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Thein’s and Agnew’s Used Car Lots – Pittsburgh Pennsylvania


Today we return to the series of vintage car photos taken in the Pittsburgh, Pennsylvania area we have been viewing recently to 5417 Penn Avenue in the City, the site of Thein’s Auto Sales. Like many used car lots the signage, of course, tells you how wonderful the stock offered is with the following slogans: “The Best,” “Dependable,” and “Enter with Confidence.” Five late-model used cars are visible in the front row with older and more affordable units located behind them, at the rear are the typical back lot specials.

Norman Agnew’s used car lot below was located in Shadyside, a neighborhood on the east side of Pittsburgh apparently at 786 Centre Avenue, a tree and brick-lined thoroughfare with streetcar tracks. The signage and appearance of Agnew’s were a little more upscale than Thien’s, although other than the front row less of the stock was easily visible while driving by. The Lot’s tagline was “Used Cars With A Guarantee That Counts.” The stock in the front row all appear to have good paint jobs and are clean, bright and shiny.

Tell us what you find of interest in this pair of photographs courtesy of the University of Pittsburgh Library.

18 responses to “Thein’s and Agnew’s Used Car Lots – Pittsburgh Pennsylvania

  1. In the lead photograph, parked up front, are a 1950 BUICK Super Riviera and a four-door 1948 BUICK Super.

    In the 2nd photograph, 2nd car from the left, is a 1948 STUDEBAKER Commander Regal DeLuxe Coupé.

    • In the lead picture, on the left side, behind the post WW II two-door PLYMOUTH with missing front hub-cap, is what looks like a four-door 1948 to ’50 PACKARD missing its grille. and cloths covering its windshield and both front fenders. Behind this PACKARD looks is a 1940 BUICK Coupé, model unknown. To the right of the post WW II PLYMOUTH is a 1947 to ’49 [if a Special] BUICK. The poor maintenance of this lot may be indicative of the vehicles for sale !!

  2. In the second photo, a `49 Olds 88 sedanette next to a `49 Studebaker Starlite coupe. Further down, looks like a rare re-war `42 Mercury nestled in between late 40s Pontiac & Chevy sedans.

  3. In the Thein’s pic, it’s pretty clear what cars are stick shift ( the emergency “brick” under the front wheels). “Enter with confidence” , can’t go wrong here. (cough)
    And the Agnew lot,( no relation, I checked, Spiro’s father was fruit peddler, and later a restaurant owner) “we sell good old cars”, would never fly today. “Pre-owned” is much more appealing. Oh, to have those 2 door coupes today.

    • As a teenager I worked at a “down stream” used car lot , on Michigan Avenue between Detroit and Ypsilanti (The Chicago Road) doing odd reconditioning jobs. I remember the time when the operator of the place had a front row beater towed through the shallow ditch onto Michigan Avenue so a prospective buyer could test drive it. The man was told that the battery was low and so the tow was “just to get it running”. Actually the car had no reverse! He bought it and was back soon after in a rage. One of my first lessons on the “subtleties” the car business.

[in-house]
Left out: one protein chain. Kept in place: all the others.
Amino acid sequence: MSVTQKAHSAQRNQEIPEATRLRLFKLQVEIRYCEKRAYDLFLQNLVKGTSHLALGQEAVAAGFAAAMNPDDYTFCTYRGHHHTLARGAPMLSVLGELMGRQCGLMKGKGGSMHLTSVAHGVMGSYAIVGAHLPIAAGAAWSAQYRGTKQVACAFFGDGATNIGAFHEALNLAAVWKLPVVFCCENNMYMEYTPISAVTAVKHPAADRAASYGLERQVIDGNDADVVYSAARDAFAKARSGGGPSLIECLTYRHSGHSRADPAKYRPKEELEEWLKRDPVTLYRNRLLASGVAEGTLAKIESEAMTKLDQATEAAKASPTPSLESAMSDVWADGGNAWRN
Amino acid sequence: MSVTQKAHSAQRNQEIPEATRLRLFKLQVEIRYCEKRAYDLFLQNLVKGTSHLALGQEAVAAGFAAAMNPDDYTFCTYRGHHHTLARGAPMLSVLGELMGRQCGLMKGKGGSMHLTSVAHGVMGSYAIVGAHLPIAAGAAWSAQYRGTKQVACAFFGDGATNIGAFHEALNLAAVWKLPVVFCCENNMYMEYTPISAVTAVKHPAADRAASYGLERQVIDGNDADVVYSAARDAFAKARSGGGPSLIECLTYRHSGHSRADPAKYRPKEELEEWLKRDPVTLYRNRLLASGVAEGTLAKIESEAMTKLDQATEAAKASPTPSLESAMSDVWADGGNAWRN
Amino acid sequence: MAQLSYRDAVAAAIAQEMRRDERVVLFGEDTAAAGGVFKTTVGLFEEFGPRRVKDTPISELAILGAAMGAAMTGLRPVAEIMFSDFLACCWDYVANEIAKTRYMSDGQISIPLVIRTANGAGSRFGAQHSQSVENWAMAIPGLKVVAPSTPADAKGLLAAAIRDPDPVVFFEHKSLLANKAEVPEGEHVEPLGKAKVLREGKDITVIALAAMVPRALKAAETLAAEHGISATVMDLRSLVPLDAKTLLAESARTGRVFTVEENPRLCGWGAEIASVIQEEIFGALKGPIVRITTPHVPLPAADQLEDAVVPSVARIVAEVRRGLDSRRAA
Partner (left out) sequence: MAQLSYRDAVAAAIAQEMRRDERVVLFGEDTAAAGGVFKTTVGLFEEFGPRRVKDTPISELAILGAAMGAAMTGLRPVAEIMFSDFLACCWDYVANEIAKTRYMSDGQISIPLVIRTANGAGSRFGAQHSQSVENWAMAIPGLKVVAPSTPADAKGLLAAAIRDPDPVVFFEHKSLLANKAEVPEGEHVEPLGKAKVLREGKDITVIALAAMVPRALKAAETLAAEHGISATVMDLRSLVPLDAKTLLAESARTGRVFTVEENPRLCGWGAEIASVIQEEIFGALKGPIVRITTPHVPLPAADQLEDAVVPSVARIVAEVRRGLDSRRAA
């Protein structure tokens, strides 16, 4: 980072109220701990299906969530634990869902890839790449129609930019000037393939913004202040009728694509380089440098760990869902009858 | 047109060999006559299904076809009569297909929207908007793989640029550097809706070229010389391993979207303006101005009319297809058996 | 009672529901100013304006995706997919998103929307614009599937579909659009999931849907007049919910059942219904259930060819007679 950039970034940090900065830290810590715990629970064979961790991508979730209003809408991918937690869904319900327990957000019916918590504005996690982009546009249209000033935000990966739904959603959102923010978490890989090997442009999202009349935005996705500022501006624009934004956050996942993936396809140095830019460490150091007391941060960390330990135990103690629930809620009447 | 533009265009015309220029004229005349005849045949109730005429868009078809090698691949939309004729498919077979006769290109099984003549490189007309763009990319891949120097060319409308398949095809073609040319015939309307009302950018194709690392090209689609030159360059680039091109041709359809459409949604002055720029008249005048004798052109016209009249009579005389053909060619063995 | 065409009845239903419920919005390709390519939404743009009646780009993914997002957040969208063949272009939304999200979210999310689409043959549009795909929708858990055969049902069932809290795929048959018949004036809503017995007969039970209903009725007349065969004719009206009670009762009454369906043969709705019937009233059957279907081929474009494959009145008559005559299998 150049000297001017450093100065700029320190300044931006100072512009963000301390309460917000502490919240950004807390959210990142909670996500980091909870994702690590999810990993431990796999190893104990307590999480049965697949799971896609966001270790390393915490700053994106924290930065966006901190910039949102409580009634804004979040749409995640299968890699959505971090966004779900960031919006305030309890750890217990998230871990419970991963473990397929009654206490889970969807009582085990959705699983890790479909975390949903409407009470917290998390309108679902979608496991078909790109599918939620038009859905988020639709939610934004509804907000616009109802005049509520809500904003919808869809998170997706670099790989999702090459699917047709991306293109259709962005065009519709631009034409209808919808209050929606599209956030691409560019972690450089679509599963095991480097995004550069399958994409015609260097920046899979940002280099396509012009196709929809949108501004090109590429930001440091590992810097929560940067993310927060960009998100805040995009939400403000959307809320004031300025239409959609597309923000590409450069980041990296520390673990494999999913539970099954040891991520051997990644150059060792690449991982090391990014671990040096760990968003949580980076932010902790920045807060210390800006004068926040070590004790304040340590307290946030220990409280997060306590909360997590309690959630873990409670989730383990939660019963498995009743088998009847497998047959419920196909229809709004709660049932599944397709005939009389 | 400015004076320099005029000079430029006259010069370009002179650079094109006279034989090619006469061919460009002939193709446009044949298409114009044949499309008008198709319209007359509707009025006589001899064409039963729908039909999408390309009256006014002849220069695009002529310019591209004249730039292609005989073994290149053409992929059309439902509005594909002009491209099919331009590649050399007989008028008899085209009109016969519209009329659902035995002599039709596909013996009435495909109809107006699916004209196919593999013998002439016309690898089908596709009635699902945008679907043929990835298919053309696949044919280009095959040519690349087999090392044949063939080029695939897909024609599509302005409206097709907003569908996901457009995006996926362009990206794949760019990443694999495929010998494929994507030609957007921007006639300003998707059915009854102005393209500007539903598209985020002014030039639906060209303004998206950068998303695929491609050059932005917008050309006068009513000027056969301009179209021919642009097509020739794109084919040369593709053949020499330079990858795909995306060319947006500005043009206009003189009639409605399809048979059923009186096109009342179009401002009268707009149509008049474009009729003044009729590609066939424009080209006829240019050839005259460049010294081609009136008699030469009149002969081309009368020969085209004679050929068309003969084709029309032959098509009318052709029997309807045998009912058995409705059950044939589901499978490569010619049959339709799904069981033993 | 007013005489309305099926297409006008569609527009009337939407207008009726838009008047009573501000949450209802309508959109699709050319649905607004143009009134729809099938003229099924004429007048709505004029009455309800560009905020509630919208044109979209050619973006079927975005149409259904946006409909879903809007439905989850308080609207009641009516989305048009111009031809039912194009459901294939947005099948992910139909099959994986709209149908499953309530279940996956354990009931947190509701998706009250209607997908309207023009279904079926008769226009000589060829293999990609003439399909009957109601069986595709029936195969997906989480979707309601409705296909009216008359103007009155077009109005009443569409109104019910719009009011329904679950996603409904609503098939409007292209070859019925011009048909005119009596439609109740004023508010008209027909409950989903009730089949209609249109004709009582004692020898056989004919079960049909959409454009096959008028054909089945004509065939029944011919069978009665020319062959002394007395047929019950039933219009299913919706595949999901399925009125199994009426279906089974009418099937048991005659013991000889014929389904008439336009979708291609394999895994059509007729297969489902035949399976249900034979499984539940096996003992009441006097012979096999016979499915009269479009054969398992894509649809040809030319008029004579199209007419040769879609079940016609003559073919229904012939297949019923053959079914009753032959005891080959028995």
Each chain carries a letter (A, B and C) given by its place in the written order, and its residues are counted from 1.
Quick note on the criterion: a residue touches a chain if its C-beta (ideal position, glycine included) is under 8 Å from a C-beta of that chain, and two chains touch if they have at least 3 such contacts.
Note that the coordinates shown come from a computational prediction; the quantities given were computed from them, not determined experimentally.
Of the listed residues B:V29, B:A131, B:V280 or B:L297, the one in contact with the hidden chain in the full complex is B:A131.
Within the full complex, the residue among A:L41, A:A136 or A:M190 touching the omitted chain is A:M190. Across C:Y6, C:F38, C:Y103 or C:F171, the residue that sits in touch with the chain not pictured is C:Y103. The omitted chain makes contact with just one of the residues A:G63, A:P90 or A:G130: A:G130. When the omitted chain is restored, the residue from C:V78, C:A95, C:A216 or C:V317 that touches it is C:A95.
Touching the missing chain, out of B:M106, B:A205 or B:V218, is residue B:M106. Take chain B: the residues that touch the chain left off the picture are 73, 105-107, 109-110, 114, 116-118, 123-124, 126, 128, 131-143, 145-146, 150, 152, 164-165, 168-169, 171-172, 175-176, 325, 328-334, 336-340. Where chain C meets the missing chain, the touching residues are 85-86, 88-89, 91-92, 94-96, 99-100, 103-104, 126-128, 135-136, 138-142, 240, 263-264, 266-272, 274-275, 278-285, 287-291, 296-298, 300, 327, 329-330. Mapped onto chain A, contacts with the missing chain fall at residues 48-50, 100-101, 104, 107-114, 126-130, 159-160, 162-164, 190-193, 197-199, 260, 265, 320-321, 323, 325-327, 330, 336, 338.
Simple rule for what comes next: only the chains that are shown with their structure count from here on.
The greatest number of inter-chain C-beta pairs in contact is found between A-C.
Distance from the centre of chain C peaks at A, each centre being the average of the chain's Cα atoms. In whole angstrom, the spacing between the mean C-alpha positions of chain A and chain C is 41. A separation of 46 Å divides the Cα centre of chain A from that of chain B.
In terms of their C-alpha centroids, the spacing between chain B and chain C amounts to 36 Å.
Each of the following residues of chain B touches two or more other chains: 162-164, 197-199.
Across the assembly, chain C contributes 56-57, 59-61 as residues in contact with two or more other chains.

4. When I got my license, at 16, in 1952, my uncle Bernie Nellis, a used car dealer in Beltzhoover, in Pgh. would take
    me to the dealer auctions, he and I driving cars to the auction. At the auctions, there were ,two or three close to
    Pgh. , I would drive cars through the ring. Stop the car, get out, open hood, than trunk, than close hood and trunk and drive out of Ring. I got paid .25 cents ( twenty five cents) for each car I drove thru ring. Can you image driving 20 or 25 different cars at 16 years old. Hell, I would have paid them to drive thru the ring. Sometimes I rode back on the rear of a three wheel motorcycle that we would tow to auction.

  5. Newest car in the 1st foto: the ’51 Pontiac extreme left facing the street? 2nd foto: oldest car in the picture nosing in at the right on the curb a prewar ’40 or ’39 Hudson or Studebaker? Anybody?

  6. AML is pretty good to pick out a Packard and another Buick in that
    assortment behind the front row. How about the ’51 Pontiac ahead
    of the Plymouth. In the front row are a ’50 Buick Super Riviera next
    is a ’49 Buick Super (not a ’48) sedan, a ’46-’47 Pontiac, ’49 Ford and
    a ’49 Pontiac. Meanwhile over at Agnew’s lot how about the early
    post war Hudson on the right side (upon studying it again, it may be
    an early ’40s) and the Olds 2-dr. I think is a ’48 98 not an 88. It’s too
    big for an 88. Me, I’d be happy with the ’47 Chevy. These are the kind
    of photos that I love about this site. Many Thanks David

  7. These two pictures are so quaint and charming… so American. Back in the Good Old Days. Call that period in our history what you want — Simpler, Kinder, Gentler, whatever. But they were nicer times. Nicer looking cars too.

  8. Happened onto this site by chance via Pinterest link. As a W PA native now in Arizona, I’m really enjoying the mid-208th Century “‘Burgh” pics. My extended family had a Buick-GMC dealership and a motor express contract carrier in Washington (PA). A grandfather and identical twin great uncle had a transfer business, with original-issue ICC rights to operate anywhere East of the Mississippi. The ” ‘Burgh” and W PA were always central to everything, including the vehicle dealerships association’s.

  9. On Google Street view, the SHOE SERVICE SHOP sign seen in the first picture still exists, it’s faded but still very readable.

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